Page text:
* Example courtesy of Dakota Medical Foundation
Thoughts From The Expert
Pat Traynor is an expert on wealth transfer and what it can mean for our community. As the President of the Dakota Medical Foundation, an organization dedicated to creating a region of the healthiest people by building the fundraising success of health-related nonprofits, Traynor knows that $95 billion will be donated directly to North Dakota charities. This creates a huge possibility for our community. We’ll let him explain that in his own words, though.
“In my opinion, this is the greatest opportunity to transform health and quality of life in the region. The transfer of wealth presents that. This is a huge opportunity for nonprofits to dream much bigger on how they can impact the region through having a mentality of abundance, as opposed to scarcity of resources.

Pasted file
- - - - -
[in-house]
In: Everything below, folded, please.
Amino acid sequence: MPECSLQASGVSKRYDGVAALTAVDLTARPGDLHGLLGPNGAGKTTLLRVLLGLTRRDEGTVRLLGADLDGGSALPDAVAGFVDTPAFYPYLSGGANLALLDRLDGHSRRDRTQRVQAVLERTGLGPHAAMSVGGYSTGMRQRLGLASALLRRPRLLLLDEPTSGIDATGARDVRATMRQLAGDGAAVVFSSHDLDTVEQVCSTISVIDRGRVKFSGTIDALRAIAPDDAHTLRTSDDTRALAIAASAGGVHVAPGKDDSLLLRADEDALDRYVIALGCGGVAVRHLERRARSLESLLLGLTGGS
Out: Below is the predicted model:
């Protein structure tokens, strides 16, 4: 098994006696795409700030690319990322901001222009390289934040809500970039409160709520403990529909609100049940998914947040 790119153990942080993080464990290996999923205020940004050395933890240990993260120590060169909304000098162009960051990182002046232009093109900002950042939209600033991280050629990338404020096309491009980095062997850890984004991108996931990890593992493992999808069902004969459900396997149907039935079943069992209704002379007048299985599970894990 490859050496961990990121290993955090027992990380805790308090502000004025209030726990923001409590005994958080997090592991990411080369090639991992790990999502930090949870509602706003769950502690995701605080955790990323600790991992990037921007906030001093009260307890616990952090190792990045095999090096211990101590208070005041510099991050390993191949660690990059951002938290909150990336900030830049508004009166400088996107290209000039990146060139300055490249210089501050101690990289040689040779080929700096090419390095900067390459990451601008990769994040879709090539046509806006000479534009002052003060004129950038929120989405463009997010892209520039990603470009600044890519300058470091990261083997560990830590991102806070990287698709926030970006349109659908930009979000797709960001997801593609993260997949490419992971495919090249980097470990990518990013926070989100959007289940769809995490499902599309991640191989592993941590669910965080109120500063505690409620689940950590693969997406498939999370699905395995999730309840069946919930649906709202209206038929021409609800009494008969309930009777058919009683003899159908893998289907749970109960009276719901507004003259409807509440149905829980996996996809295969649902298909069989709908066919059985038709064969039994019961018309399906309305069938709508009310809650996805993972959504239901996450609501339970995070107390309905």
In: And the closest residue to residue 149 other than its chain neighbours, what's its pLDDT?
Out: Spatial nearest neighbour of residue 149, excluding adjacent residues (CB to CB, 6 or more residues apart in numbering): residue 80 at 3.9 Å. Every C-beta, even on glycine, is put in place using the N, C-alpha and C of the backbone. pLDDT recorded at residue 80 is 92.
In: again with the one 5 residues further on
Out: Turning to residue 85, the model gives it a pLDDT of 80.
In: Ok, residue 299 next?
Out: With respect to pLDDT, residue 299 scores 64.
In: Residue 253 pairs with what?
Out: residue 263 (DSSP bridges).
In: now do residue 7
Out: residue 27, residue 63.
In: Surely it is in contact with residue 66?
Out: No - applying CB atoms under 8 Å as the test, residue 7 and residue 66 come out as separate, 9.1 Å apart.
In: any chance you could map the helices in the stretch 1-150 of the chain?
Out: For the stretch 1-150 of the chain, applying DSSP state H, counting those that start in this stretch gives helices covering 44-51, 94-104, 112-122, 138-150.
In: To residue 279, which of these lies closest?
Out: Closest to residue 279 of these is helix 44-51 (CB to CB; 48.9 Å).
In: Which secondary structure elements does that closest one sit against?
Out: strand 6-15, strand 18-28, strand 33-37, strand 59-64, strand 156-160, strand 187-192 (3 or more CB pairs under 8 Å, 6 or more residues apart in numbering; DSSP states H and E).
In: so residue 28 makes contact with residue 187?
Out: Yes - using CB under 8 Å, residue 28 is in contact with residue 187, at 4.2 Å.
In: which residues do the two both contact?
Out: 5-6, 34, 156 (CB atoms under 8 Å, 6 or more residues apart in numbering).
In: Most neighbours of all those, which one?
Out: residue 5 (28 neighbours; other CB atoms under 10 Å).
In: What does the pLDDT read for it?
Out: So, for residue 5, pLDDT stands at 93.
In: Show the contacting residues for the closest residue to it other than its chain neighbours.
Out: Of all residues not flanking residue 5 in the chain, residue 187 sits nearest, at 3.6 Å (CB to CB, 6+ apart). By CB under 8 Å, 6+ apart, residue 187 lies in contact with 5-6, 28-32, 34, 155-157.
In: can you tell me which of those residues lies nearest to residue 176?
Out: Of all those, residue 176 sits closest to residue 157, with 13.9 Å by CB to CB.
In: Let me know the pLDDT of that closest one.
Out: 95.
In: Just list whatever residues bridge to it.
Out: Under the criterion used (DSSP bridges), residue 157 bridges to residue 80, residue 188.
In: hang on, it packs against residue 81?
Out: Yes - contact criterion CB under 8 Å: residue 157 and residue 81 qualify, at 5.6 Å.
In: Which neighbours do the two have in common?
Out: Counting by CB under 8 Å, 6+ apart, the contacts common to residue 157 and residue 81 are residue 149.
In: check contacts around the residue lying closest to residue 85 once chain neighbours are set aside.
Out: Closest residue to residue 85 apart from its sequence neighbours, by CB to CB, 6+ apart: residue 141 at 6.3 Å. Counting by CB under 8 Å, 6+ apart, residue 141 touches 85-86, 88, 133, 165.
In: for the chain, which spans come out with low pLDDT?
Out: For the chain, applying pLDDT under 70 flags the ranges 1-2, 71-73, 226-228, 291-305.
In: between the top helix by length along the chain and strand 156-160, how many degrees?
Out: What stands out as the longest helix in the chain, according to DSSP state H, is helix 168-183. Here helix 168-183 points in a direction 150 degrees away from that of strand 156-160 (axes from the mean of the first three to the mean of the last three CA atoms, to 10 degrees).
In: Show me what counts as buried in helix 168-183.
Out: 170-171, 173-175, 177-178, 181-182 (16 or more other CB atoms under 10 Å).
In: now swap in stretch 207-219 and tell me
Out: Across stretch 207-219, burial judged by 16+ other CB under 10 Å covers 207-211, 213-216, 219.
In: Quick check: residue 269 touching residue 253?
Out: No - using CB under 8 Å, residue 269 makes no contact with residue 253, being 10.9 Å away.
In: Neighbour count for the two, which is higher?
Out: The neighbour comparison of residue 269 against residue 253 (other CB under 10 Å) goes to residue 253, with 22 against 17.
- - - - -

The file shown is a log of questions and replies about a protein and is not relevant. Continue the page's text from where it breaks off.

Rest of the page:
“In other words, we should ask every charity, ‘If money were no concern, what would you do as a nonprofit to impact your community?’ We commissioned the North Dakota Wealth Transfer study, which estimates, from 2007-2061, that there will be $95 billion given to charities from 220,000 households. That’s significant. Some of that will be given while they’re alive and some of that will be given through folks’ estate. It’s a tremendous opportunity for families to change the trajectory and quality of life permanently in a positive direction